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Quack Cancer Cures

Al Musella's Comments: (This is his personal views and are not necessarily the views of the Musella Foundation!)


Posted on: 03/16/2004

Quack Cancer Cures

Tuesday, March 16, 2004; Page HE03

BOGUS TREATMENTS Coffee enemas, the desert shrub chaparral and an extract from apricot pits are not just of unknown value in treating cancer; these and many other substances held out as alternative therapies have proved worthless in clinical trials. Yet, writes Andrew Vickers in the current issue of the American Cancer Society journal CA, there's been little effort to make clinicians and patients aware of that. It's time, argues Vickers, for that to change.

THE EVIDENCE Vickers, a researcher at Memorial Sloan-Kettering Cancer Center in New York, reviewed studies of 12 alternative therapies. One study looked at a $7,000 detoxification therapy offered by a San Diego clinic, which held that the bacterium "Progenitor cryptocides" causes cancer. The clinic claimed an 82 percent cure rate. Not only is there no such bacterium, but University of Pennsylvania researchers found that the clinic's patients lived no longer than those receiving standard therapies. Claims about other therapies -- shark fin cartilage, vitamin C, psychotherapy -- also failed to withstand scrutiny.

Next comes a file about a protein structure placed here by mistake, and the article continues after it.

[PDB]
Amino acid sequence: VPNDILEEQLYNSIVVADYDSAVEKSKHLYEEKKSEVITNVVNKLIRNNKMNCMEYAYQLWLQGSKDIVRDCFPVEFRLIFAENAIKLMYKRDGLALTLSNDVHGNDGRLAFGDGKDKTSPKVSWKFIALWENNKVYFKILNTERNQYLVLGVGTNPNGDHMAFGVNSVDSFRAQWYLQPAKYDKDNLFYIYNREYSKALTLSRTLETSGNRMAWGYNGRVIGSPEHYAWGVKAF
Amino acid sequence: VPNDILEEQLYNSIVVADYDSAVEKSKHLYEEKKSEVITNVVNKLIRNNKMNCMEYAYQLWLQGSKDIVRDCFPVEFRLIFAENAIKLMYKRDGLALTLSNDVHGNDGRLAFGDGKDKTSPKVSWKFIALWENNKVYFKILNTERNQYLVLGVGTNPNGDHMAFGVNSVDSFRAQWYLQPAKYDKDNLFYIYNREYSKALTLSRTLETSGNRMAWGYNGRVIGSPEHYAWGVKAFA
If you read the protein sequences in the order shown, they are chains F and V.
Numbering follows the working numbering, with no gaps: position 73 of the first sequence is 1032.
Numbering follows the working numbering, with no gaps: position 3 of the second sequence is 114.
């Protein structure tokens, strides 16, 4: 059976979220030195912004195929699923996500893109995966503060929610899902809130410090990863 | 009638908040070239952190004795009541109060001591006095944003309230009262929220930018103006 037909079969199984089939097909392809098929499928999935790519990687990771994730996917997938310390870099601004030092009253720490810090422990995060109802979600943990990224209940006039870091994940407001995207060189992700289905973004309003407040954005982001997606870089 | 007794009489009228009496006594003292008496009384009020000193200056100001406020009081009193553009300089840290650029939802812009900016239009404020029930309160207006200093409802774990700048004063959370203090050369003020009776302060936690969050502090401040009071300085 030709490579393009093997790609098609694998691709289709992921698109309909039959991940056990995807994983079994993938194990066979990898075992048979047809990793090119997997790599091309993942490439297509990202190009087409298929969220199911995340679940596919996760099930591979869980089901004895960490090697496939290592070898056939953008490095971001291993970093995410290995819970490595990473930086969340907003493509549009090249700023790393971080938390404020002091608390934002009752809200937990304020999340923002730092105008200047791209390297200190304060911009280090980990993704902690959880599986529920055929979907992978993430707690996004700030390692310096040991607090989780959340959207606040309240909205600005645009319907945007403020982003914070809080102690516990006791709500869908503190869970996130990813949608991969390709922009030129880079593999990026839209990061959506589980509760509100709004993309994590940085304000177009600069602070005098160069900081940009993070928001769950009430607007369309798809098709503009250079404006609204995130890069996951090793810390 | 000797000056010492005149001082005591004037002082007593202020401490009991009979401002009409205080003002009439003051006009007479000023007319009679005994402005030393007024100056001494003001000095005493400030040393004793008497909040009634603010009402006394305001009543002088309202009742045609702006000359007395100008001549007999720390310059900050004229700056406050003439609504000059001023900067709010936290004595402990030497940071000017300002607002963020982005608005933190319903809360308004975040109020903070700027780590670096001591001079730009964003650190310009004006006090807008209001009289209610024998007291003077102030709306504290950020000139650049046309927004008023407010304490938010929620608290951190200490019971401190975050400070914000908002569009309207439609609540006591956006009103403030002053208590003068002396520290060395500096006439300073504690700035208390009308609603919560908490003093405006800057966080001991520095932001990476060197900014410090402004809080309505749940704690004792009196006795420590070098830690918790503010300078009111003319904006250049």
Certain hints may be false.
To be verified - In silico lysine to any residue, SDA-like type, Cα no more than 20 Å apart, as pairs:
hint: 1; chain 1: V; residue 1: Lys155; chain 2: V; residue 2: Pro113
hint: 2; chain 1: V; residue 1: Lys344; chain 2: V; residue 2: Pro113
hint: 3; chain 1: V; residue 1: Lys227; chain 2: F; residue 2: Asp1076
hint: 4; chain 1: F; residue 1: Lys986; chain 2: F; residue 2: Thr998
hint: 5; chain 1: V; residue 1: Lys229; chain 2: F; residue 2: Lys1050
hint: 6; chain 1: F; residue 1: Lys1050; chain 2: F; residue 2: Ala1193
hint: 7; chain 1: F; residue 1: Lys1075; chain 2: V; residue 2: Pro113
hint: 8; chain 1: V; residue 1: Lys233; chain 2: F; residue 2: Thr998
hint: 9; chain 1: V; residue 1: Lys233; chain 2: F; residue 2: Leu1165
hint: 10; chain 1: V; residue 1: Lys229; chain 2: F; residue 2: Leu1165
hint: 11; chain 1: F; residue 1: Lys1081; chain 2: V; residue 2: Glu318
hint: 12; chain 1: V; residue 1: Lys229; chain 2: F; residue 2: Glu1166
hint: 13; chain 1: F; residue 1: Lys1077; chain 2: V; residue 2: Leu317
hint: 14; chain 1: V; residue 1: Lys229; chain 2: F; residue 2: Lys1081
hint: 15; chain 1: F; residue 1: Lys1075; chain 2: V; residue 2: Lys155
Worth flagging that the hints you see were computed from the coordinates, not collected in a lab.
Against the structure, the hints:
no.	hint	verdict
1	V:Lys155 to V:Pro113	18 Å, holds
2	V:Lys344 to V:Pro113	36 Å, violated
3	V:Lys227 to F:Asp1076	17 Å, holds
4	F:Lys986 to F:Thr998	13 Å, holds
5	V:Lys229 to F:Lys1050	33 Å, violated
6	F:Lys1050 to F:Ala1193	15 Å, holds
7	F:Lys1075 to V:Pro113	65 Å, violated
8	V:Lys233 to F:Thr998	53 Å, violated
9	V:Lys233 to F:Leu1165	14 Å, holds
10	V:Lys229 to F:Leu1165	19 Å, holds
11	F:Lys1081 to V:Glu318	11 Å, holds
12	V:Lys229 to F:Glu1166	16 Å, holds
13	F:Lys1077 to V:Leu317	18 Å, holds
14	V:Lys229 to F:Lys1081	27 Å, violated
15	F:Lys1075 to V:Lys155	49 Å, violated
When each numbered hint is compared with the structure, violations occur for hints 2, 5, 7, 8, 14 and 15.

THE PROBLEM Rigorous, independent trials of alternative therapies are rare; more often, studies are conducted by promoters and can be "quite sophisticated in how they mislead," said Vickers. For some studies, said Patricia Ganz, director of cancer prevention and control at UCLA's Jonsson Comprehensive Cancer Center, "We're not sure [the participants] even had cancer."

FALSE HOPE Patients with late-stage cancers appear most likely to turn to alternative therapies, said Jeffrey White, director of complementary and alternative medicine at the National Cancer Institute, "[but] are 500 or 15,000 patients using vitamin C? There's no data."

Oncologists and patients, said White, need to be educated about alternative cancer treatments that are clearly bogus.

-- Matt McMillen

© 2004 The Washington Post Company

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